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Vol. 23. Issue 2.
(April - June 2023)
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Vol. 23. Issue 2.
(April - June 2023)
Original article
Open Access
Fears during the Covid-19 pandemics and their influence on physical health: A cross-sectional study on the general population in Spain
José M. Peiróa,b,
Corresponding author

Corresponding author at: IDOCAL, Universitat de València, Spain.
, Aina Luque-Garcíac, Aida Sorianoa, Vicente Martínez-Tura
a IDOCAL, Universitat de València, Spain
b IVIE, Spain
c Universidad Europea de Valencia, Spain
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This study examines the paths through which Covid-19 can negatively impact health and lead to somatic symptoms. Based on the dual process theory, fears can impair health in two ways: through psychological distress, which is an automatic reaction to fear, and through a more conscious and deliberative rumination process.


Data from a representative sample of the Spanish population (N = 3083 subjects,18 years or older) were obtained from a Survey by the Sociological Research Center (CIS). The dual path model was tested, and a longer sequence was included where the two mediators act sequentially to produce an impact on somatic symptoms.


The results showed how Covid-19 fears translate into somatic problems. Beyond the direct relations, and after comparing with other possible alternative models, our findings support a process where rumination mediates between fears and psychological distress, and psychological distress in turn leads to somatic problems.


This process reveals a plausible mechanism that explains the somatization of health problems during the Covid-19 pandemic, and it provides theoretical and practical inputs to better understand the role of fears in health in crisis contexts.

Covid-19 fears
Psychological distress
Somatic problems
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The global Covid-2019 pandemic continues to be a health threat, and it has produced disruptive alterations in health systems (Bueno-Notivol, et al., 2021; Shevlin et al., 2020), the economy, business, work activities, family life, and personal and social habits (Mertens et al., 2020). As a result, it has been found to have an impact on psychological and physical health (Sandín et al., 2020). In this situation, fear is one of the critical emotions that humans experience, and it can play a functional and adaptive role or have a dysfunctional and damaging effect on health and wellbeing (García, 2017; Green & Witte, 2006; Luo et al., 2021; Morman, 2000; Shevlin et al., 2020). Thus, it is important to understand how pandemic fear affects individual health and wellbeing.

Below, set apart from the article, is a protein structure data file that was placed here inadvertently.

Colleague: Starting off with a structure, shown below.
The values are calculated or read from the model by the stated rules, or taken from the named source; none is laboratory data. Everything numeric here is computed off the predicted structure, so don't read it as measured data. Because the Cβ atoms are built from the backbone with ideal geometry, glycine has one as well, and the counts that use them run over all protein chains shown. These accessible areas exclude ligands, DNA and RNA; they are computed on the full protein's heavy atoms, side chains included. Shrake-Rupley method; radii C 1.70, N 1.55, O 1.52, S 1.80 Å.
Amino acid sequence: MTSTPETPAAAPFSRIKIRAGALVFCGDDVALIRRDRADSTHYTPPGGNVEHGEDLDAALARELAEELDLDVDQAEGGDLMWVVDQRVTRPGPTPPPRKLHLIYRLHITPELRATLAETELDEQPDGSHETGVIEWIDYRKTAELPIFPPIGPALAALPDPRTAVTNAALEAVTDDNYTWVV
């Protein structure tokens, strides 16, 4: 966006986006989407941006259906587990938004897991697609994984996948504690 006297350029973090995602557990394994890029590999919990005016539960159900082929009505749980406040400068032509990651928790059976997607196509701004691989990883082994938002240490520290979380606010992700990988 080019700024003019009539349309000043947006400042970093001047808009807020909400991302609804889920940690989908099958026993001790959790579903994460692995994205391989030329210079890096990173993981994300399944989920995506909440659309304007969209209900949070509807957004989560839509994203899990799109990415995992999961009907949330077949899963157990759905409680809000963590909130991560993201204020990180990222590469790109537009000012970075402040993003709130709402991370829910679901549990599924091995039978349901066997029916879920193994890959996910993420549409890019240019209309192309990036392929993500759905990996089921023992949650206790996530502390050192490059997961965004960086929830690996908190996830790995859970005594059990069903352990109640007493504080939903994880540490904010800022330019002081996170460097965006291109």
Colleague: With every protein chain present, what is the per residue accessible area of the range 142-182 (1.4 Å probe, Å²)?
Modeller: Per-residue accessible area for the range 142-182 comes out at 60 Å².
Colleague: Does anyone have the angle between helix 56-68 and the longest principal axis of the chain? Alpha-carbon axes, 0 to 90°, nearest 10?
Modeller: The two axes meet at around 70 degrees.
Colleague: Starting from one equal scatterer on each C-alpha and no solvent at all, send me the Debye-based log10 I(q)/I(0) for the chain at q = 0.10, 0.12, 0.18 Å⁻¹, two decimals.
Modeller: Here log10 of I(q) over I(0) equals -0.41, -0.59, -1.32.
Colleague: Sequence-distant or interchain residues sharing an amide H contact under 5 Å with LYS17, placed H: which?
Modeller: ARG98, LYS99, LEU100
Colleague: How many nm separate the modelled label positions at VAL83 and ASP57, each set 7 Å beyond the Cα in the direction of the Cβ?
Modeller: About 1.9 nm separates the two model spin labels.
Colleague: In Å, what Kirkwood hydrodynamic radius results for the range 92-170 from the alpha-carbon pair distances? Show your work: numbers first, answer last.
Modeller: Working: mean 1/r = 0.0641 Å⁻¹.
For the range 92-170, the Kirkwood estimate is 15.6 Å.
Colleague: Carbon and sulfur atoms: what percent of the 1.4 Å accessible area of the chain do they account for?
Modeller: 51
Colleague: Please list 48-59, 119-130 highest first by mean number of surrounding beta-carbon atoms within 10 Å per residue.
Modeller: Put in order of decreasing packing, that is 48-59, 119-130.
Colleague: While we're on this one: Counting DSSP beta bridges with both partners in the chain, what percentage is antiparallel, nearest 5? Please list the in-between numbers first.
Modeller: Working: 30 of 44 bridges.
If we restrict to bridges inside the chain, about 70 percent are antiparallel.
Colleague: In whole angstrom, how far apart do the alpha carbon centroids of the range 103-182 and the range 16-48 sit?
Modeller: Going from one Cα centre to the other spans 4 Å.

Additionally, it is important to consider the dynamic features of the pandemic and related issues (e.g., lockdown period, vaccine availability, etc.) (Zhang et al., 2021). Most of the studies published so far have focused on the lockdown and pre-vaccine period (e.g., Onyeaka et al., 2021; Stockwell et al., 2021). However, studies during other stages of the pandemic's evolution are also needed. This article focuses on data obtained in a Spanish representative sample during the last week of February 2021, about six months after the end of the lockdown period and about two months after the first vaccine injection was administered to highly vulnerable people and essential workers (Spanish Sociological Research center, CIS, 2021).

In this context, the present article aims to identify the impact of Covid-19 fears on somatic health and the relevant paths through which these effects are produced. We concentrate on negative effects of fears, viewing the pandemic as a dramatic event that caused harm in the population. This study contributes to previous knowledge in at least two ways. First, we pay attention to the underlying mechanisms linking Covid-19 fears to somatic problems. Specifically, two potential mechanisms are tested: a) ruminations about the problems associated with Covid-19; and b) psychological distress as a possible reaction to fears. Testing the underlying mechanisms helps to enhance the maturity of science because it clarifies the process, going beyond merely connecting two variables (i.e., fears and somatic problems) (Hayes, 2012). Second, we concentrate on fear as a future-oriented emotion. Humans can engage in affective travelling (Van Dijk et al., 2012), which includes experiencing anticipatory emotions today based on events that could happen in the future (Loewenstein, 1987). Although scholars call for more research on future-oriented emotions (Baumgartner et al., 2008; Seibel et al., 2020), studies on this topic are still limited. We address this call by considering fear as the prototypical anticipatory negative emotion that is experienced in the present but based on the prospect of an undesired event in the future (Baumgartner et al., 2008). This emotion is especially relevant during the Covid-19 pandemic due to uncertainty about the future and the virus's capacity to create health, financial, and social problems (Iob et al., 2022).

Covid-19 fears and health